6. David Wiffen Coast to Coast Fever recorded 1973 United Artists Records
Oh man, what a writer, what a voice. Imagine Fred Neil and Gordon Lightfoot and Willie P. Bennett wrapped into one and you’ll have an idea of what this guy could have, should have been. The album was produced mostly by Bruce Cockburn, with whom Wiffen began back in Ottawa in The Children days. This may be the greatest folk-blues record ever to come out of Canada. The title track is amazing, but then so are ‘Skybound Station’ and ‘Climb The Stairs’.
5. Handsome Ned The Ballad of Handsome Ned issued 1989, Virgin Records Canada
Robin Masyk was a rockabilly singer from Toronto who went by the moniker of Handsome Ned, and who almost single-handedly revived country rock in Canada. He flamed out from a nasty case of heroin addiction before he was 30, back in 1987, but his memory lives on with everyone who was privileged to see him perform on Queen Street back in the ’80s. This is a compilation of his best work. It’s a mind-blower still.
4. Ben Sidran The Doctor Is In recorded 1977, Arista Records
Got his start with Steve Miller and Boz Scaggs, then turned to jazz and the influence of Mose Allison. This one should have been a monster. Instead it’s merely great, merely one of those records you can go back to every week of your life. He’s still active, and made a superb record several years ago, with some very jazzy takes on classic Dylan stuff. That one’s called Dylan Different, and is the equal in many ways of this earlier work. Sidran is droll, infectious, sparkling and witty, not nearly so wound up as Mose, and almost as good.
3. Karla Bonoff Restless Nights recorded 1979 on Columbia Records
Known primarily as a songwriter for Linda Ronstadt, Karla possessed a gorgeous voice. Her previous self-titled album was chock full of great originals (‘Someone To Lay Down Beside Me’ chief among them) – this second outing sold not nearly as well, but for our money both albums were keepers. Her cover of ‘When You Walk In The Room’ matches both the Jackie DeShannon original and The Searchers. The rest of the album is equally stellar.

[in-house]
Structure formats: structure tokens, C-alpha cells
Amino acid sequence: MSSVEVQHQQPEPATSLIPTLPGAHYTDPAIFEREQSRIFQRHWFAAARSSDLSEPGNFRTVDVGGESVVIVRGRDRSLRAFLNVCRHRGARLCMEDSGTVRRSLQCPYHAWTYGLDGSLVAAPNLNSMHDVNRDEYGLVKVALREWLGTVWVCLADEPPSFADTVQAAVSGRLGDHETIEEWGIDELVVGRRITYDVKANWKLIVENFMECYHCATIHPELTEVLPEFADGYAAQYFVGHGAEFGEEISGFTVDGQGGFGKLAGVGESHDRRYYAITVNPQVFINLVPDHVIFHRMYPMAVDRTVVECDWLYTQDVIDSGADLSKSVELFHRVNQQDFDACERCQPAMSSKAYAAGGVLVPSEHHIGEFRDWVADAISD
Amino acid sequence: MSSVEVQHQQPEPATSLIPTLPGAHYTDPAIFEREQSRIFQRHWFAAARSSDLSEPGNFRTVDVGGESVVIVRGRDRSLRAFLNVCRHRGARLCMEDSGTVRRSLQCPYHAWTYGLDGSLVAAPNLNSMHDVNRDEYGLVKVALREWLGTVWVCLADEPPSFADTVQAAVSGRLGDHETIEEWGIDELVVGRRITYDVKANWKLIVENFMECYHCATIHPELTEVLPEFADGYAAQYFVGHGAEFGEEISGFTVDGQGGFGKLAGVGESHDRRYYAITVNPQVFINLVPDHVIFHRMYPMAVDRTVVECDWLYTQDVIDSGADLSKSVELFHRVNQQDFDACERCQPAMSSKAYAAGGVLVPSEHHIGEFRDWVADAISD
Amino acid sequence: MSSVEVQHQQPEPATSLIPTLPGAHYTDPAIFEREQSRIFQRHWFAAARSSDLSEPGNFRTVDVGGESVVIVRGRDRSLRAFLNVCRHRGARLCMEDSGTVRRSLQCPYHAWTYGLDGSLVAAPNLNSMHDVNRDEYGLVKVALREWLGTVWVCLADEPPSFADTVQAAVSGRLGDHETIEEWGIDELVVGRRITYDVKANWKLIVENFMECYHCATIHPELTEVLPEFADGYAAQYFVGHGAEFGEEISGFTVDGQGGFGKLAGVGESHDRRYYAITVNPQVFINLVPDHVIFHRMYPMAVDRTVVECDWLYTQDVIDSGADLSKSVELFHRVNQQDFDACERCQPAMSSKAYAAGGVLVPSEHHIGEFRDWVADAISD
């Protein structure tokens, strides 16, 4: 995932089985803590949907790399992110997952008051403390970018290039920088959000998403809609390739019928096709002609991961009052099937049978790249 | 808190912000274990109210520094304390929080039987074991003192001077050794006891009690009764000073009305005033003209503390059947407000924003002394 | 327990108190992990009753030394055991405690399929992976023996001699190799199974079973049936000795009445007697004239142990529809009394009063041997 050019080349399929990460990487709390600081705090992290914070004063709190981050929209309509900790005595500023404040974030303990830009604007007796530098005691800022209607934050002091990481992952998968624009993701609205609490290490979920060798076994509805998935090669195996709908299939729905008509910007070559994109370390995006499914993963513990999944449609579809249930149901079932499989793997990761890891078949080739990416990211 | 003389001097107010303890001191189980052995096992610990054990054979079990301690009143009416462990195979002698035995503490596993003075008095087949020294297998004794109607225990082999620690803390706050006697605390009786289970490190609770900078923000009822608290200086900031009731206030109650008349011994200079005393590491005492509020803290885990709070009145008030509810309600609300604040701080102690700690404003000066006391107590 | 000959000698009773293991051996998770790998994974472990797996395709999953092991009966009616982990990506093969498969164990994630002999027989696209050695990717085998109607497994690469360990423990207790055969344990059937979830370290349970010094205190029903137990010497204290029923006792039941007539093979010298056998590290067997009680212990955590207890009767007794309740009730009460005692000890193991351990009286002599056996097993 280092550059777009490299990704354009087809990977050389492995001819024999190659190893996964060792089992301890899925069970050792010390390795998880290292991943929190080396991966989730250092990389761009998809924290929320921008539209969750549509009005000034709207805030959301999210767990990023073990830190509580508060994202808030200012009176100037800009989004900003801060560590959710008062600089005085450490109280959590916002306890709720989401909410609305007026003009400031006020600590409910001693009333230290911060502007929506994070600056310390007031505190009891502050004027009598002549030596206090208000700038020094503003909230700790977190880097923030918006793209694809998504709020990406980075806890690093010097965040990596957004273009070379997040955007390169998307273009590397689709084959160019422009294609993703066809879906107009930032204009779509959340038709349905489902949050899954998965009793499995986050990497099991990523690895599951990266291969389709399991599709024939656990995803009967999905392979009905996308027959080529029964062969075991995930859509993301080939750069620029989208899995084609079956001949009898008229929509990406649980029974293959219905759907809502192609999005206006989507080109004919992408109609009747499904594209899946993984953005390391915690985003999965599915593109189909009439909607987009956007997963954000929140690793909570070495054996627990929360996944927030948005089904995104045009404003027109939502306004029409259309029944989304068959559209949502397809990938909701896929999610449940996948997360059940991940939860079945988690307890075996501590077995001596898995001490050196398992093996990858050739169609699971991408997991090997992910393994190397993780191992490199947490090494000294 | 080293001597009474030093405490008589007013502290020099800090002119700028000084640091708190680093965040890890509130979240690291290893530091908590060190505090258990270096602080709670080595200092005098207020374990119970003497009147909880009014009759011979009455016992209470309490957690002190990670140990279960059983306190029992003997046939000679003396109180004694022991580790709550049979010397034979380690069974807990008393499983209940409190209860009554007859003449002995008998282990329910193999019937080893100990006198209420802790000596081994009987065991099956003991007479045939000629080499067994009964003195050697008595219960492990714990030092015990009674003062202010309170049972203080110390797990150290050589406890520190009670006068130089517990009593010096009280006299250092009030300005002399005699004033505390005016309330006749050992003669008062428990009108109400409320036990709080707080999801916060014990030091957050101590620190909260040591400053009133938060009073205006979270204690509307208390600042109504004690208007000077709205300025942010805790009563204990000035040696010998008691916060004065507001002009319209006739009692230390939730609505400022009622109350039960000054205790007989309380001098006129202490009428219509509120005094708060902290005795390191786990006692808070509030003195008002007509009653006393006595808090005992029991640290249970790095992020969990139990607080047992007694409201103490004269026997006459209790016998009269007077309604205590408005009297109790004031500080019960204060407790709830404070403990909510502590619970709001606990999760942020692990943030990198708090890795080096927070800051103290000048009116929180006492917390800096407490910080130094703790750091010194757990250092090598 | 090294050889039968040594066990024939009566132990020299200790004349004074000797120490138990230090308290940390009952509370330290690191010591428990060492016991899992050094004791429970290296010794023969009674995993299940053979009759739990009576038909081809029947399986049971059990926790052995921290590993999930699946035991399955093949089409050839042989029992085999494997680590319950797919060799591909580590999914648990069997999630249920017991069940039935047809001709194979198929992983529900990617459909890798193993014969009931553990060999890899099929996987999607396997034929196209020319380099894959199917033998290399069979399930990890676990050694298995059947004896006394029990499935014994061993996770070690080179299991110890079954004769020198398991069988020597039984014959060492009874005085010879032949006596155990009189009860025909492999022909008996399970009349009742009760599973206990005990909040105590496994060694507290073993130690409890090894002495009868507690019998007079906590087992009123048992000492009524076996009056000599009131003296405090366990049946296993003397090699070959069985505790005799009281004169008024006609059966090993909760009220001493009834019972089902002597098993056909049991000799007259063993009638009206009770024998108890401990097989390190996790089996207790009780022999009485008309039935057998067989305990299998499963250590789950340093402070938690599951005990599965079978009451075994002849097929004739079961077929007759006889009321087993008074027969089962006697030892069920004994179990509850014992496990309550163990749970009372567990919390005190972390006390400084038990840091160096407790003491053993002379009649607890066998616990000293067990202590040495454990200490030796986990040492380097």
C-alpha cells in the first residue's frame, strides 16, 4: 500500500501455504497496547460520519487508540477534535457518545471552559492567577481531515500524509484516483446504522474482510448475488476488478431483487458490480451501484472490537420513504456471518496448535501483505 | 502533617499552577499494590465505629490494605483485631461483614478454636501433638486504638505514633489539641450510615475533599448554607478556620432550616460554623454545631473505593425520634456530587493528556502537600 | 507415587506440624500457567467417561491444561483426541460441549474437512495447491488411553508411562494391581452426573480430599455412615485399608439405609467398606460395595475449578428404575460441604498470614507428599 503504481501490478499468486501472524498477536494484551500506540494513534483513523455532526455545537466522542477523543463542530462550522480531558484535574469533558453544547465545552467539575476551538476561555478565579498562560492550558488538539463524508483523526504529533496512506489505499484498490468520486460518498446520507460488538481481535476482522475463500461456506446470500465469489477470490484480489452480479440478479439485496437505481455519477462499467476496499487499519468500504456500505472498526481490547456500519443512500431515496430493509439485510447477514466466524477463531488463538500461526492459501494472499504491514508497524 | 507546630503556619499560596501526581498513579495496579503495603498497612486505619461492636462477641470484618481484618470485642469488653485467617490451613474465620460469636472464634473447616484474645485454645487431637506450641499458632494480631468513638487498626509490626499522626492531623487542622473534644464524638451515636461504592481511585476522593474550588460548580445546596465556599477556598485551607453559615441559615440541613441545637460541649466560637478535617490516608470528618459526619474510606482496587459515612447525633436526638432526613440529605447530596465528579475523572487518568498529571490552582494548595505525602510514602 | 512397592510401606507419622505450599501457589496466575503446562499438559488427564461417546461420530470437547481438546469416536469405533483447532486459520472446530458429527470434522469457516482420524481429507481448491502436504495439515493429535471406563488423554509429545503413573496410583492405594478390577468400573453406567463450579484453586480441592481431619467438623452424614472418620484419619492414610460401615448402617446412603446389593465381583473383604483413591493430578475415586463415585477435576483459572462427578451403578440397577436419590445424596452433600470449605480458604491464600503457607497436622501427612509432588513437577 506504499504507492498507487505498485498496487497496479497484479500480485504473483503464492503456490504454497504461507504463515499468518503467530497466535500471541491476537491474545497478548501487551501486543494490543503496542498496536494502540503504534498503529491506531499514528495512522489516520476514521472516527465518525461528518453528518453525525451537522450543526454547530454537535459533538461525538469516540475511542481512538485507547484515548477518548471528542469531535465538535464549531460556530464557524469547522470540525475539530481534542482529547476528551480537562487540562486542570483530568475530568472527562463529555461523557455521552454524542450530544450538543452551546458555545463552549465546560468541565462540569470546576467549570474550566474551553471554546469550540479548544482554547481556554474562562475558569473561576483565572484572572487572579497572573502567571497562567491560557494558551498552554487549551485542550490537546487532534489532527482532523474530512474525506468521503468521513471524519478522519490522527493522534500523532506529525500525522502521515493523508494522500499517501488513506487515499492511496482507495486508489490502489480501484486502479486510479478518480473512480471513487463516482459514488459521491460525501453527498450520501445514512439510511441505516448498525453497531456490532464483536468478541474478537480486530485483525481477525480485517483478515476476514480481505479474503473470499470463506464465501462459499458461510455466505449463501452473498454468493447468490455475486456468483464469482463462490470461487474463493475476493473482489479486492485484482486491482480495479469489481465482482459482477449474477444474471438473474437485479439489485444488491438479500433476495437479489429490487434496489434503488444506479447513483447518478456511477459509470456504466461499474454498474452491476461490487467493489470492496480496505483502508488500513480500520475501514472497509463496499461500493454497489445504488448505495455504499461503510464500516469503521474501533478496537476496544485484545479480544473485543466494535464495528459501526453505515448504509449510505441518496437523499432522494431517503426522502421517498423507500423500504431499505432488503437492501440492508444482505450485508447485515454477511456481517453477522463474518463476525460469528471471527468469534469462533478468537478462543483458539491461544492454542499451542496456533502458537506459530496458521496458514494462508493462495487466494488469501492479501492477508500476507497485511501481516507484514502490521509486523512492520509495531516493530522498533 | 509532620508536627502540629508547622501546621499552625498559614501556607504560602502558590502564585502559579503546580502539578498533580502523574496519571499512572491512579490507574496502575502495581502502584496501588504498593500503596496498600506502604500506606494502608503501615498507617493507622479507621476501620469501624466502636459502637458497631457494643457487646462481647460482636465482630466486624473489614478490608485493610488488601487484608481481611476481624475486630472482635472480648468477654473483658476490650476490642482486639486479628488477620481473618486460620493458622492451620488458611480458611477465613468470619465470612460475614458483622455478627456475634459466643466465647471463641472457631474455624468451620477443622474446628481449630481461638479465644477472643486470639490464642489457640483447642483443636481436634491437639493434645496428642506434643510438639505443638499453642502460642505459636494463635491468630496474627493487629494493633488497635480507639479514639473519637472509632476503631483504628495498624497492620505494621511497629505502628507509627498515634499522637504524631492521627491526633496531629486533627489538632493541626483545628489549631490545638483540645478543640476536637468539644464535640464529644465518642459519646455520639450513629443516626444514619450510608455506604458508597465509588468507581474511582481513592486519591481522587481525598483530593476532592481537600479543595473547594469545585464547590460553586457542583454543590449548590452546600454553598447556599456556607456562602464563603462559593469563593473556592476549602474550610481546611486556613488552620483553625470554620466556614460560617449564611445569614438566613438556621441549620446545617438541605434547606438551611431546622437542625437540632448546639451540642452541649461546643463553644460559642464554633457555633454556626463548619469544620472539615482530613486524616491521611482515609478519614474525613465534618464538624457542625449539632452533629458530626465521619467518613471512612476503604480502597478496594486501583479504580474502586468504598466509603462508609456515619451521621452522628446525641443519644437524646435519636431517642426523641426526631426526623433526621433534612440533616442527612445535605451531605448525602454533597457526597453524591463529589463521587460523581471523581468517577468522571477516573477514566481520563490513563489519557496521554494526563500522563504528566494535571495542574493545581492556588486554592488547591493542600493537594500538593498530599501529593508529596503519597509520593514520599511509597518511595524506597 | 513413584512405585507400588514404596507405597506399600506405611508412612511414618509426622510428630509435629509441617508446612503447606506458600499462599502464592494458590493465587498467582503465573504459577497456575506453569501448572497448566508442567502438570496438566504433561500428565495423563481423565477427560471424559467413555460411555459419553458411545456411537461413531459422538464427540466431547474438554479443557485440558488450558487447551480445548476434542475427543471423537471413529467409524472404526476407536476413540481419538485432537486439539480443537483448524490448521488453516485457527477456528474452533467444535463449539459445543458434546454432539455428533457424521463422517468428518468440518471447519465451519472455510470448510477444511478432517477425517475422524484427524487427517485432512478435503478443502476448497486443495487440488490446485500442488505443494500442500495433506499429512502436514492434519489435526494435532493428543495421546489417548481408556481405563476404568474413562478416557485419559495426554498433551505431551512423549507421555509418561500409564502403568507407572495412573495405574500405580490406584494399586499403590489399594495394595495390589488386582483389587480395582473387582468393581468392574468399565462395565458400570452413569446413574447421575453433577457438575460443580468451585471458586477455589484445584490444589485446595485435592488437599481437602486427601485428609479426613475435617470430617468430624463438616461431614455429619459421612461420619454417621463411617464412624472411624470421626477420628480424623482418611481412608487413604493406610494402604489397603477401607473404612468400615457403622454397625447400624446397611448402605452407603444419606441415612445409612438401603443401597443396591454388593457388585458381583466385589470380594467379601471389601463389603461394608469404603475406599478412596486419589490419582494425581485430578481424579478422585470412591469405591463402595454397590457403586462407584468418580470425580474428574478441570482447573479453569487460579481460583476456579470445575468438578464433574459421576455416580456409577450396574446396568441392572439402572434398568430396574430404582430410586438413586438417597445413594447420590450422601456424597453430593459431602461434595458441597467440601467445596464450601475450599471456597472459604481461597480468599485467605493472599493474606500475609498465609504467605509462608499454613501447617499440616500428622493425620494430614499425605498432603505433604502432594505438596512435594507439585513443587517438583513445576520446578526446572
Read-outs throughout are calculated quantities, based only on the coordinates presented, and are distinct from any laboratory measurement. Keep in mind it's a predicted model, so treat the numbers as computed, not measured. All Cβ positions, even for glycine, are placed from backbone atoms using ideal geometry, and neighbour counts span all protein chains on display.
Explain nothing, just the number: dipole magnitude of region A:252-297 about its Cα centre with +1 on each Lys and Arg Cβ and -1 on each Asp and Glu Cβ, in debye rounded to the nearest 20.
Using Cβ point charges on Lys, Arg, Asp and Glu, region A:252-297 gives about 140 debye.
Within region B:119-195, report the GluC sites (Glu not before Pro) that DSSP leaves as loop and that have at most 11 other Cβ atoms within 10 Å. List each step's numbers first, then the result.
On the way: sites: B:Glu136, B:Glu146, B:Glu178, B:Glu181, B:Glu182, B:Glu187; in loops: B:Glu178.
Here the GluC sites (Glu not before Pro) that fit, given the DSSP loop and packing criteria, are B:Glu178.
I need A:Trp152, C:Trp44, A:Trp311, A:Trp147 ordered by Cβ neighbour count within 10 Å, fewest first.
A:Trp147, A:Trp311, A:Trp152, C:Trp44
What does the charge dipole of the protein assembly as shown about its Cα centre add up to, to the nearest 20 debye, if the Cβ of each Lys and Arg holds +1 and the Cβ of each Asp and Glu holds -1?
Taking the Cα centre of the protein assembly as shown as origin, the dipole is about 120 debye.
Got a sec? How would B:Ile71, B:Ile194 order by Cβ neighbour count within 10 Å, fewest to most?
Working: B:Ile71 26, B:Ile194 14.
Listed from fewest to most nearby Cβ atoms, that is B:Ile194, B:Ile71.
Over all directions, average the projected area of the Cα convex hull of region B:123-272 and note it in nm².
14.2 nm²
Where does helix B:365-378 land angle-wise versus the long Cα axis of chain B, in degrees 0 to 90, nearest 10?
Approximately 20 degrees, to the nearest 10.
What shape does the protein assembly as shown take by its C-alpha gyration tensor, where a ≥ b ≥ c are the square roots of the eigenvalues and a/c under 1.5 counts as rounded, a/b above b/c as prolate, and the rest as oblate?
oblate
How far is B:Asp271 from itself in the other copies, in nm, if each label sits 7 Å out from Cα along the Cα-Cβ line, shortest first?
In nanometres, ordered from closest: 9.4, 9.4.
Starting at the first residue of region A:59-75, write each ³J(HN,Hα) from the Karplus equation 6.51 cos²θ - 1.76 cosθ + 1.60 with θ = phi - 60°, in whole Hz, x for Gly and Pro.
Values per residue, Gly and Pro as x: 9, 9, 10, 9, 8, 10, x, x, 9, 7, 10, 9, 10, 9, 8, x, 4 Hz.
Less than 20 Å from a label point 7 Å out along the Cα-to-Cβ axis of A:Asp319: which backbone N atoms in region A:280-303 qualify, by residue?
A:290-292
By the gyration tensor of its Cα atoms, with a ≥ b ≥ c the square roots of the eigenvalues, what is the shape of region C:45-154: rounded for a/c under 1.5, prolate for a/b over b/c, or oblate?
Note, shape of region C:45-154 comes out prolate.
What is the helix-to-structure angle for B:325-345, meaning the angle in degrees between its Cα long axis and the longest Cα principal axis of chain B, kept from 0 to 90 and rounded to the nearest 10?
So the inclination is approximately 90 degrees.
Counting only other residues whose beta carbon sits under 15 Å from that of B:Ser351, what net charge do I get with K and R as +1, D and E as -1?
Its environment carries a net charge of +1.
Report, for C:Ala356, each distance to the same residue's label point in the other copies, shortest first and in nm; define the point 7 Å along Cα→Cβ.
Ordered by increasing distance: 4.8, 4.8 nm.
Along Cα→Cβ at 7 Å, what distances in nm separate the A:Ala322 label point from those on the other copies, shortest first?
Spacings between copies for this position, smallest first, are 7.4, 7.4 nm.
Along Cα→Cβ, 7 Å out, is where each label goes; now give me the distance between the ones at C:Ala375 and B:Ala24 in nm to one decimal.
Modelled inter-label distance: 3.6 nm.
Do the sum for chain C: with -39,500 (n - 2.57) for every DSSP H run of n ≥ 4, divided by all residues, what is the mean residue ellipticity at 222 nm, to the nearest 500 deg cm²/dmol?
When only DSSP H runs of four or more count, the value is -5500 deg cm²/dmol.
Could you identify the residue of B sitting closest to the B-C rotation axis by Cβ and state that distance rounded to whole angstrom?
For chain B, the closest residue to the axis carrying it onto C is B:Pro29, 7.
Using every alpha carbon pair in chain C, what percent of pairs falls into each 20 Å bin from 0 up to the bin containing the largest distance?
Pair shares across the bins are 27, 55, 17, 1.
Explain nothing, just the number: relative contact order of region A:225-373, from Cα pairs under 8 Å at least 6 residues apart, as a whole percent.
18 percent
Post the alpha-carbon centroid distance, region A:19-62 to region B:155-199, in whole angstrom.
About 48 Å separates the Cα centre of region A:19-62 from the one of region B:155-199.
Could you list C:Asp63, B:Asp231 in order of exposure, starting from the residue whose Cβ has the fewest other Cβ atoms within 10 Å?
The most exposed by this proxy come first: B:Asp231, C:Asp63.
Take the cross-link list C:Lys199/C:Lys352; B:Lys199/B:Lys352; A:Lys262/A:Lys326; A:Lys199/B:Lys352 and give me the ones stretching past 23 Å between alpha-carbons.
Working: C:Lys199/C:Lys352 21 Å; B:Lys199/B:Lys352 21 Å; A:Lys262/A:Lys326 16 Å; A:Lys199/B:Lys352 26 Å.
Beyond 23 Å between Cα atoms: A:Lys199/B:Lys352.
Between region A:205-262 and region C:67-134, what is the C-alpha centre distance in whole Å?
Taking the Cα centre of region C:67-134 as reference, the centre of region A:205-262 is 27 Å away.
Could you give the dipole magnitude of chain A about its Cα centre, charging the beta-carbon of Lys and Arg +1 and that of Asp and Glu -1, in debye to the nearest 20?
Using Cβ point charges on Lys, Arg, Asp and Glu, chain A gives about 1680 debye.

2. The Louvin Brothers Satan Is Real recorded 1959, reissued 2011 Light In The Attic Records
Some of the greatest close harmony singing ever. This album inspired dozens of young rockers to take up country music. You don’t need to be a believer, but you just might become one after listening to The Louvins. Bluegrass with a dark side, this record featured one of the most authentic depictions of hellfire ever conceived – in fact the brothers came close to being scorched during the photo session.
1. Tonio K. Life in the Foodchain recorded 1978, Epic Records
Steve Simels, the legendary rock critic for Stereo Review called this “the greatest record ever made”. We call it indispensable trash. Full on rock and roll, with outrageous lyrics, inventive song titles and a crack band who just happened to be some of the best sidemen in the business (Earl Slick, Albert Lee, Garth Hudson and the immortal Dick Dale). At the time nobody knew who Tonio K. was, but he was one hotshit writer, singer and composer who turned out to be a guy named Steve Krikorian. Bitter, funny, and politically, socially and morally astute. Puts just about every other songwriter back then to shame. This record is our number one recommendation for sated music fans who think everything that came out of the ’70s was eminently forgettable. Should you be lucky enough to track this one down, whatever you need to pay, go for it. You’ll thank us.